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NEW YORK (Reuters)—U.S. real estate companies were trying on Monday to assess damage to hotels, warehouses and outlet centers they own in Japan after last week's devastating earthquake and tsunami.
Information was trickling in as the companies, including four real estate investment trusts, took stock of properties in the prefectures of Miyagi, Iwate, Fukushima, Ibaraki and Chiba, where there was extensive destruction.
U.S. companies Starwood Hotels & Resorts Worldwide Inc., ProLogis, Simon Property Group Inc. and AMB Property Corp. have buildings in those prefectures, according to data provider SNL Financial. Japan, one of the world's wealthiest countries, is a favorite among U.S. real estate investors.
AMB, which owns and operates warehouse and distribution centers, said in a statement that its facility along the coastal area of Sendai in Miyagi had been more severely damaged than most of its properties in the Tokyo area. The company said it had not been able to reach its Sendai facility.
Repairs were being made at some locations, AMB said, adding that it had offered space in its properties to its displaced customers.
AMB, a REIT, said its properties in Japan were insured against tsunami and earthquake damage, and that it expected its insurance deductible to be less than $10 million.
About 60% of that is likely to apply to properties owned by the REIT, and the other 40% would apply to properties belonging to the funds AMB manages for institutional investors, the company said.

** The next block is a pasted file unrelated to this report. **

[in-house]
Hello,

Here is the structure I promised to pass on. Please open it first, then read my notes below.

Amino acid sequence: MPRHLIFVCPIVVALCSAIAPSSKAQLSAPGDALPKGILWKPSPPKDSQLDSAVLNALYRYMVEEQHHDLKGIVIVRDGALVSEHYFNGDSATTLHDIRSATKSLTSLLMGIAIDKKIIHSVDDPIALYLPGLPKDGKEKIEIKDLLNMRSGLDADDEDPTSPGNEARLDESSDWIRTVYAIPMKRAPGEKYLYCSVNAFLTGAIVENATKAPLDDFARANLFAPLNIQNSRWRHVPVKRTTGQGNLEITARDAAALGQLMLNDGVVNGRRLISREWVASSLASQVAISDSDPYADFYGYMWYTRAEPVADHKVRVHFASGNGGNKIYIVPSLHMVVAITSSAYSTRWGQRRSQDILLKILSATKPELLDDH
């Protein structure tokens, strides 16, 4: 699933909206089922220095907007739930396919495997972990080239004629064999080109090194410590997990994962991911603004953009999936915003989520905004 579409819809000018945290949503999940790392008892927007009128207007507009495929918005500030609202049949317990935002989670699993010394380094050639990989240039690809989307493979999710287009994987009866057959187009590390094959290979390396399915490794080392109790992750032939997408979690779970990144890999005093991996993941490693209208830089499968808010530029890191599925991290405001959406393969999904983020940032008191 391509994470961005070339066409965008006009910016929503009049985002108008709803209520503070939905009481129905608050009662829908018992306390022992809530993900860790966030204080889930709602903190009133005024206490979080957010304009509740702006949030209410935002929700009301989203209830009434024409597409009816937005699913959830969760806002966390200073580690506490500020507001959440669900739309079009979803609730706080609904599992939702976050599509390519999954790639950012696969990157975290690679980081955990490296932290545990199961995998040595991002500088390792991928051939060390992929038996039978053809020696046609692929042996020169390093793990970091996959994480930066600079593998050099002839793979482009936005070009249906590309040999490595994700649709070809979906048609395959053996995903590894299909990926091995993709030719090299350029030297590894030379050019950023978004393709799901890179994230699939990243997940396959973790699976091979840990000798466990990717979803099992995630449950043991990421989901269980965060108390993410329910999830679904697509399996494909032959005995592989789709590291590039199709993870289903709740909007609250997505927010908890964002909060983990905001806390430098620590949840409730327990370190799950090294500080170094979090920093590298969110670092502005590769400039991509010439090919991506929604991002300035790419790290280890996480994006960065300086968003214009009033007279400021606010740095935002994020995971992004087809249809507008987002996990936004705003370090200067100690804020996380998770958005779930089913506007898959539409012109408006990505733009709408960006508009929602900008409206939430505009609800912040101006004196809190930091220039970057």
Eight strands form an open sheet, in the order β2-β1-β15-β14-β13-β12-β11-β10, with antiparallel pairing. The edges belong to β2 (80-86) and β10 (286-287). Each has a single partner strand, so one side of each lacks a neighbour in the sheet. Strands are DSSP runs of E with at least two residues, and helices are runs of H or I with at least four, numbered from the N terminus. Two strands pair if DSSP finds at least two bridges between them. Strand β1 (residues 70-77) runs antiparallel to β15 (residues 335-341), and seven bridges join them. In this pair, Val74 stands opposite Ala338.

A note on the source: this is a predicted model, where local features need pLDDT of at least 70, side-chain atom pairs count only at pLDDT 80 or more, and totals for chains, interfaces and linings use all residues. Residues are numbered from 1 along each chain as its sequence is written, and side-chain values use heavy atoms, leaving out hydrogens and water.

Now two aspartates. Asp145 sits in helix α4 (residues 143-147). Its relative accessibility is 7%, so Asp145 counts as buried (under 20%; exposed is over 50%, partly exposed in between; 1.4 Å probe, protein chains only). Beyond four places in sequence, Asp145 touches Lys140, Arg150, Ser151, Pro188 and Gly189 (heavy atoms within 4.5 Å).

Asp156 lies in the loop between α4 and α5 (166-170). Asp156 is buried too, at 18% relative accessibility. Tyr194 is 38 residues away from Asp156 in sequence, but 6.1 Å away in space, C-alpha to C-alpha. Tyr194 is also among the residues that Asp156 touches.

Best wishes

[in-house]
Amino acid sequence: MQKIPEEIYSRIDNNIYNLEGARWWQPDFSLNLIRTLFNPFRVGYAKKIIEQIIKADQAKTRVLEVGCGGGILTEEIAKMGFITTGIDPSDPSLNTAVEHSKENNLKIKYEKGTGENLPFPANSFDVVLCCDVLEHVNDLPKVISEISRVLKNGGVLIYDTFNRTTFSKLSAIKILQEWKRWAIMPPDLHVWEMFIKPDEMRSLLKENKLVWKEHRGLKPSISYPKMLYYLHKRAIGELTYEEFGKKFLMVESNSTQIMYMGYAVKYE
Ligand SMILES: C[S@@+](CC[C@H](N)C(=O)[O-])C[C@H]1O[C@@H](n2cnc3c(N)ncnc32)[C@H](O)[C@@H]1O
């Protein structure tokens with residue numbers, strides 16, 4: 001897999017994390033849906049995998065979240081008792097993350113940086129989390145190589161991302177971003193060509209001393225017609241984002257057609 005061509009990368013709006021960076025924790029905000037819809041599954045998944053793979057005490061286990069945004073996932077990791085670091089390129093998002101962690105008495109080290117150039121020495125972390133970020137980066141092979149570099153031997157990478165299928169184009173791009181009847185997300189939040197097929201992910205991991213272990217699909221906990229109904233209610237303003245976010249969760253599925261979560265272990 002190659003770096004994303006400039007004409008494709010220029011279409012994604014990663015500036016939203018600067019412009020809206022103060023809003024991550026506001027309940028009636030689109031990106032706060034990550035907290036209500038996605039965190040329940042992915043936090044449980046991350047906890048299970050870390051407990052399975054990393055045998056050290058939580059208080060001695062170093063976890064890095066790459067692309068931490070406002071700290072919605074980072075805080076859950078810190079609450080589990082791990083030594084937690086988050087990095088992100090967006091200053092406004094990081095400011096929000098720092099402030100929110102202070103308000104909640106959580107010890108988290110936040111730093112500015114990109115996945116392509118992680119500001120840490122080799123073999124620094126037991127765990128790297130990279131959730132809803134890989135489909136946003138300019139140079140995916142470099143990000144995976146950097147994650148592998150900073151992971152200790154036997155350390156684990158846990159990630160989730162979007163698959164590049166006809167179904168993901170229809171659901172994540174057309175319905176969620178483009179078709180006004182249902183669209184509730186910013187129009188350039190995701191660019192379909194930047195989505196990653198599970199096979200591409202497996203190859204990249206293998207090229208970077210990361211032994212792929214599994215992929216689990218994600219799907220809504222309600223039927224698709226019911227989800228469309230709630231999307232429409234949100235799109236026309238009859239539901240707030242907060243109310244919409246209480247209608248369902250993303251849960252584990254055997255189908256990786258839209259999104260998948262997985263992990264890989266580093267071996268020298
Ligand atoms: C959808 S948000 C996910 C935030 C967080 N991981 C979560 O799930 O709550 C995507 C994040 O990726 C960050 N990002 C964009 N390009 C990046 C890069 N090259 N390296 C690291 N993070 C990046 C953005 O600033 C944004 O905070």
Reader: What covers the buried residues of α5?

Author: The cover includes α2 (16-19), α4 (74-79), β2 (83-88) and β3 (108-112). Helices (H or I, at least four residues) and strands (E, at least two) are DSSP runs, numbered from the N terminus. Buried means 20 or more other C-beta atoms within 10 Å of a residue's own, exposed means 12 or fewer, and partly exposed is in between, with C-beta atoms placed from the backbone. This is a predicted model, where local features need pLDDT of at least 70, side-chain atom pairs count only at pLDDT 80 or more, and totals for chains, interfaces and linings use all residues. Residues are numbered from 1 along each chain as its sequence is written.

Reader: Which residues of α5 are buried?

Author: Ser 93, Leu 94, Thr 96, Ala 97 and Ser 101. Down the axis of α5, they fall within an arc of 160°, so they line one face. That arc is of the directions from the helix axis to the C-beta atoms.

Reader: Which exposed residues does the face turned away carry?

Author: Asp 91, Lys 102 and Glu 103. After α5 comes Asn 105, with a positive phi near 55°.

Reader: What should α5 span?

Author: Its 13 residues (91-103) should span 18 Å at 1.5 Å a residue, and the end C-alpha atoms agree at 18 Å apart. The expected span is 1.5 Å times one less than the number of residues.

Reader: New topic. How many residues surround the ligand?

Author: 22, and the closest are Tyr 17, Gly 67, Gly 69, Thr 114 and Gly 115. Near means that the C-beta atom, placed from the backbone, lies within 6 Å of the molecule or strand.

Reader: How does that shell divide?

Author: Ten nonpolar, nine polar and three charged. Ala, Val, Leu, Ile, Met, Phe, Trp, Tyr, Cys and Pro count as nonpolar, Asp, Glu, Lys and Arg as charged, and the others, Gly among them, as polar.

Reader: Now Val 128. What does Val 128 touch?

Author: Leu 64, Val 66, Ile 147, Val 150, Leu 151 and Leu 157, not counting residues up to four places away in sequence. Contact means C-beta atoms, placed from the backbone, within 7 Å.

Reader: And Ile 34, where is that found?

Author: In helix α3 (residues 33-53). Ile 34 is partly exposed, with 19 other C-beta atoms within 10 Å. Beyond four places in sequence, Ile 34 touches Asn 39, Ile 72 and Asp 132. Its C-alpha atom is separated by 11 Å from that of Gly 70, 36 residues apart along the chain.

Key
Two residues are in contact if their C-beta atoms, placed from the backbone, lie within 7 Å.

ProLogis, based in Denver, Colorado, has four properties in hard-hit prefectures, according to SNL. The company, which is merging with AMB, did not return calls.
Simon Property owns eight outlet centers in a joint venture with Mitsubishi Estate Co. Ltd., the company's spokesman said. One of the centers is in Sendai.
Starwood said in a statement that its Westin Sendai hotel had no structural damage, but it would be closed over the next few days because there were no utilities. Its shares closed up 0.8% at $58.29.
CBRE Investors, part of global property services company CB Richard Ellis Group Inc., has about $400 million of assets under management in Asia. It was not clear if any of those assets were in Japan, and CB Richard Ellis declined to comment. CB Richard Ellis shares closed down 0.4% at $27.19.
LaSalle Investment Management, part of Jones Lang LaSalle Inc., said it was having difficulty getting information about its properties in Japan. The company manages $43 billion of investments around the world. Shares of Jones Lang LaSalle closed down 1.4% at $98.54.
AMB shares closed down 2.4% at $34.09, and ProLogis shares finished down 2.3%, at $15.09. Both underperformed the benchmark MSCI U.S. REIT Index, which was off 1%. Simon Property shares closed down 1.2%, at $105.63.
SENDAI, Japan (Bloomberg) -- Insurance losses from the Japanese earthquake may be large enough to turn prices for catastrophe cover that have been falling for two years, according to analysts, brokers and underwriters.